Risky Business: Unsafe Web Browsing

Risky Business: Unsafe Web Browsing

March 25, 2015
Gretel Egan

The sad fact of web browsing is that dangers lurk around every virtual corner. From imposter websites to bogus pop-up windows to malware-laden ads and downloads, browsing sessions can be hazardous to your business.

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Even with browser security and anti-virus software becoming more sophisticated, web-borne incidents continue to trouble organizations and individuals alike. A February 2015 research report by the Ponemon Institute, The Challenge of Preventing Browser-Borne Malware, presents the findings of a survey of 645 IT and IT security practitioners about their efforts to detect and contain malware. Here are some key findings about these growing insider threats:

  • In the 12 months prior to the Ponemon survey, respondents experienced an average of 51 security breaches because of failures with malware detection technology.
  • The average response and remediation costs associated with just one of these breaches was approximately $62,000. That puts the cost of 51 breaches at more than $3 million.
  • The vast majority (69%) of respondents said browser-borne malware was a more significant threat than it was a year prior to the survey.
  • On average, 55% of the total malware infections were the result of a user’s insecure browser.
  • Only 31% of respondents agreed that common commercial browsers — Chrome, Internet Explorer, Safari, etc. — contain effective tools for blocking web-borne malware.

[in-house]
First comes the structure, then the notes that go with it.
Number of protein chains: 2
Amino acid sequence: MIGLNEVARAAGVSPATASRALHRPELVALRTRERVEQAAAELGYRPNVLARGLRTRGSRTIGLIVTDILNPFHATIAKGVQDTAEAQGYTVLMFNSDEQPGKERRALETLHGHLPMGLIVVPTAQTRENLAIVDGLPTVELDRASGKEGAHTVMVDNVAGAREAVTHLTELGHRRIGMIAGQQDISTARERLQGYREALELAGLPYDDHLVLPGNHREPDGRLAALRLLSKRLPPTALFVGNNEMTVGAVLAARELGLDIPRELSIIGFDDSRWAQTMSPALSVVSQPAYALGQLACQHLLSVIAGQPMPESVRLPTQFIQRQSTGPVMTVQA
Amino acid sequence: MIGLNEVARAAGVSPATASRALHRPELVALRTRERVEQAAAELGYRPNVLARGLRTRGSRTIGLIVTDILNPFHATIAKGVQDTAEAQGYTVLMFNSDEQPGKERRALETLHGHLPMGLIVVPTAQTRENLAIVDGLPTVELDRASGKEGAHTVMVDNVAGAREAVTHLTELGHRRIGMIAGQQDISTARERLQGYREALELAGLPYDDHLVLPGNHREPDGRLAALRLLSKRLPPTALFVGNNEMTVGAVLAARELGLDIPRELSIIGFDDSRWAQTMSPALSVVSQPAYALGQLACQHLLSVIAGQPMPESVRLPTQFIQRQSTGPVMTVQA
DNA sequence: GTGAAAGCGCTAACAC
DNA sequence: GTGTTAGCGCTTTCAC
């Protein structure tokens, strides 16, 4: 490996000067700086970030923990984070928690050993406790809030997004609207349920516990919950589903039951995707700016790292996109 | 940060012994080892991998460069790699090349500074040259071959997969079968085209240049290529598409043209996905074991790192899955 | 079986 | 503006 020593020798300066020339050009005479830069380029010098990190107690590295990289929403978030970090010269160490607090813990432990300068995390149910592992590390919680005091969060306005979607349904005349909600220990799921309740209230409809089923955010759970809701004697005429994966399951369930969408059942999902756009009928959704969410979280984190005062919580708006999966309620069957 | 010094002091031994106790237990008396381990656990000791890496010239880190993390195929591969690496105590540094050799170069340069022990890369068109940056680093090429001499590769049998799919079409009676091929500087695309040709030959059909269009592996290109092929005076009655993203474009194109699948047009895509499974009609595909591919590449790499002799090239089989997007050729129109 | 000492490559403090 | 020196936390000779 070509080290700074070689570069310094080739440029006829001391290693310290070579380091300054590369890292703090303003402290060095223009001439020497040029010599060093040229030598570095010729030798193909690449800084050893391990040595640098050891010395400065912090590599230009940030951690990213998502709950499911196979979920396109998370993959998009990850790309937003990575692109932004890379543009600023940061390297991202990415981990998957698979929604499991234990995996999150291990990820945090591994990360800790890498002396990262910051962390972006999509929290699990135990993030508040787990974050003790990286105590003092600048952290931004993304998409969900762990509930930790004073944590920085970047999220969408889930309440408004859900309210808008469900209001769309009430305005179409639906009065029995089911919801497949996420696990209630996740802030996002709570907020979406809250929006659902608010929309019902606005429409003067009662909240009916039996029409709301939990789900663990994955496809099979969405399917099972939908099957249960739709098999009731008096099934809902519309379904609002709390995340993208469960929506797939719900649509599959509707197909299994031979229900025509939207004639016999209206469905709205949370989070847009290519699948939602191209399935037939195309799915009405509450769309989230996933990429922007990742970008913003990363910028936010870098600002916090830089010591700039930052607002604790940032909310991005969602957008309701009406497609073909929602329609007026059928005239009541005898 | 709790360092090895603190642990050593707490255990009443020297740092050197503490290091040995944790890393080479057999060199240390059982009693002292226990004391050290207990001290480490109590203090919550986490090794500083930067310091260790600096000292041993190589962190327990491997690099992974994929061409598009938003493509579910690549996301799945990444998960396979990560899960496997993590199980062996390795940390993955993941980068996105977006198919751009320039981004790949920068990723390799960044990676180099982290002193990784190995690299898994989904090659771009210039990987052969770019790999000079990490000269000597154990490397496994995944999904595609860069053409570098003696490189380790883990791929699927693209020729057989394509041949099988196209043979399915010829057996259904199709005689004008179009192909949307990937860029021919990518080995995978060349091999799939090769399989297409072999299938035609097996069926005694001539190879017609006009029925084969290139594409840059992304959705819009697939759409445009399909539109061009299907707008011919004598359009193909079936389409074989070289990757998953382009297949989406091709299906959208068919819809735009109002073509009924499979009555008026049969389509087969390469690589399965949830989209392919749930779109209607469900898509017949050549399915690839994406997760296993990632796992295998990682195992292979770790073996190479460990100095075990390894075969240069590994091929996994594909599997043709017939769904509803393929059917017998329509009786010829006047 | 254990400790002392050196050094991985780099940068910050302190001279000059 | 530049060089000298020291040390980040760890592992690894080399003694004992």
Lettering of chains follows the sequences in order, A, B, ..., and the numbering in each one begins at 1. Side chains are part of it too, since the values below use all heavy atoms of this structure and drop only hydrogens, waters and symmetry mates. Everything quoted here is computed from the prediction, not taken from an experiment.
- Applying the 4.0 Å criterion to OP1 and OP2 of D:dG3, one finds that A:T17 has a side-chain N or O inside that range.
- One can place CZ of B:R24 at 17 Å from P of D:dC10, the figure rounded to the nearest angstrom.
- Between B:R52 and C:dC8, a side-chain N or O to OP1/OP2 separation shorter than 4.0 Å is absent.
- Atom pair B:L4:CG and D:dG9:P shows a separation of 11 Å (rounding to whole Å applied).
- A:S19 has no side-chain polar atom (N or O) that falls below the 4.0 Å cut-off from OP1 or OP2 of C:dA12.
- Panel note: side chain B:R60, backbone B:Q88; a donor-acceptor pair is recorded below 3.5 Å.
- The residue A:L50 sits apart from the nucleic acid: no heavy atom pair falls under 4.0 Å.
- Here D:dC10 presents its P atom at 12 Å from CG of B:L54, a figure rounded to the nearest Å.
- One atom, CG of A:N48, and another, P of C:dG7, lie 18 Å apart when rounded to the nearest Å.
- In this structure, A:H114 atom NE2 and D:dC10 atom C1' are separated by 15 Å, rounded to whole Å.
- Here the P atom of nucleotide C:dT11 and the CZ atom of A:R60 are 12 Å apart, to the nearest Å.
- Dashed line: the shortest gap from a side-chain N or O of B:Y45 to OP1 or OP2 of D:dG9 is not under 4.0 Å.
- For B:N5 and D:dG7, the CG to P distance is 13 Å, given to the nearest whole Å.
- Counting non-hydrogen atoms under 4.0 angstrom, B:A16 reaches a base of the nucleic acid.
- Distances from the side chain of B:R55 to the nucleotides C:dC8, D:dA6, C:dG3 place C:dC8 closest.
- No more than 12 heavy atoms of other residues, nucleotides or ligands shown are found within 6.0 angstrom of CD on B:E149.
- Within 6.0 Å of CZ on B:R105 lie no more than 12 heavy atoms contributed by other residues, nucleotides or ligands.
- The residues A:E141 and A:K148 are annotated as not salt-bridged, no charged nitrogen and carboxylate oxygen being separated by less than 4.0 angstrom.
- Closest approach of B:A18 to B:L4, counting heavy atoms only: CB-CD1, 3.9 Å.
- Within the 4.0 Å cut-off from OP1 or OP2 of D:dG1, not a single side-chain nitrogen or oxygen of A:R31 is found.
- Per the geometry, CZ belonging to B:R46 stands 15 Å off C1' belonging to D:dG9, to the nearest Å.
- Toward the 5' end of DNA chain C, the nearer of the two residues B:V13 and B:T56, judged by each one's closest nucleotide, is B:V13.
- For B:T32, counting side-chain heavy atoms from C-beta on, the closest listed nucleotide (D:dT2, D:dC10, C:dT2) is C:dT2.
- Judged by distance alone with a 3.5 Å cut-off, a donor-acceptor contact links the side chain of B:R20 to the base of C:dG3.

Three Better Browsing Behaviors to Share With Your Employees

Operator error is the source of many cyber security risks in the workplace and beyond. At Wombat, we strongly believe that increasing awareness and teaching employees how to recognize and change poor behaviors is essential to reducing risk. Here are three pieces of advice we discuss in our Safer Web Browsing interactive training module:

  • Get to know your browser’s security features – Automatic browser updates are likely to be used by most (if not all) IT departments, and this is a great way to ensure that users’ browsers always reflect the latest security patches and bug fixes. It’s also critical that work and personal browsers be set to use the most advanced security settings, which doesn’t happen by default. Different browsers offer different safeguards, and it’s a good idea for users to understand how their browsers implement security features. (An important side note from a policy perspective: If your IT group defines security settings, employees must be instructed not to make changes or enable/disable non-sanctioned functionality. Convenience features like auto-complete and password storage can make logins quick and easy but can considerably weaken security on individual devices.)
  • Avoid unsolicited pop-up windows – Most browsers effectively block dangerous pop-up windows, but they aren’t foolproof. Prompts to download special plug-ins, random ads, and warnings of viruses must be treated with extreme caution — even if these items appear on trusted sites. The safest rule of thumb is not to interact with these windows; if possible, they should be closed from the task tray, by using the “Esc” button, or via some other option that does not require the user to click any buttons within the pop-up, including the X to close. Should the X be the only option, users should stay alert to any triggers within their browser that follow the click (e.g., being routed to a new website or being asked to install a new application).
  • Never download pirated content – There are a plethora of sites that distribute pirated content. Not only are these downloads illegal, they are extremely dangerous. Hackers know how tempting these files are; unsuspecting users are all too happy to nab free downloads of unreleased movies, music, and premium software titles that would normally cost a fee to access. Unfortunately, these files often have malware along for the ride. The bottom line is that pirated content is never safe to use.

 

Did you miss the first installment in our Risky Business series? Check out our advice about social engineering now.

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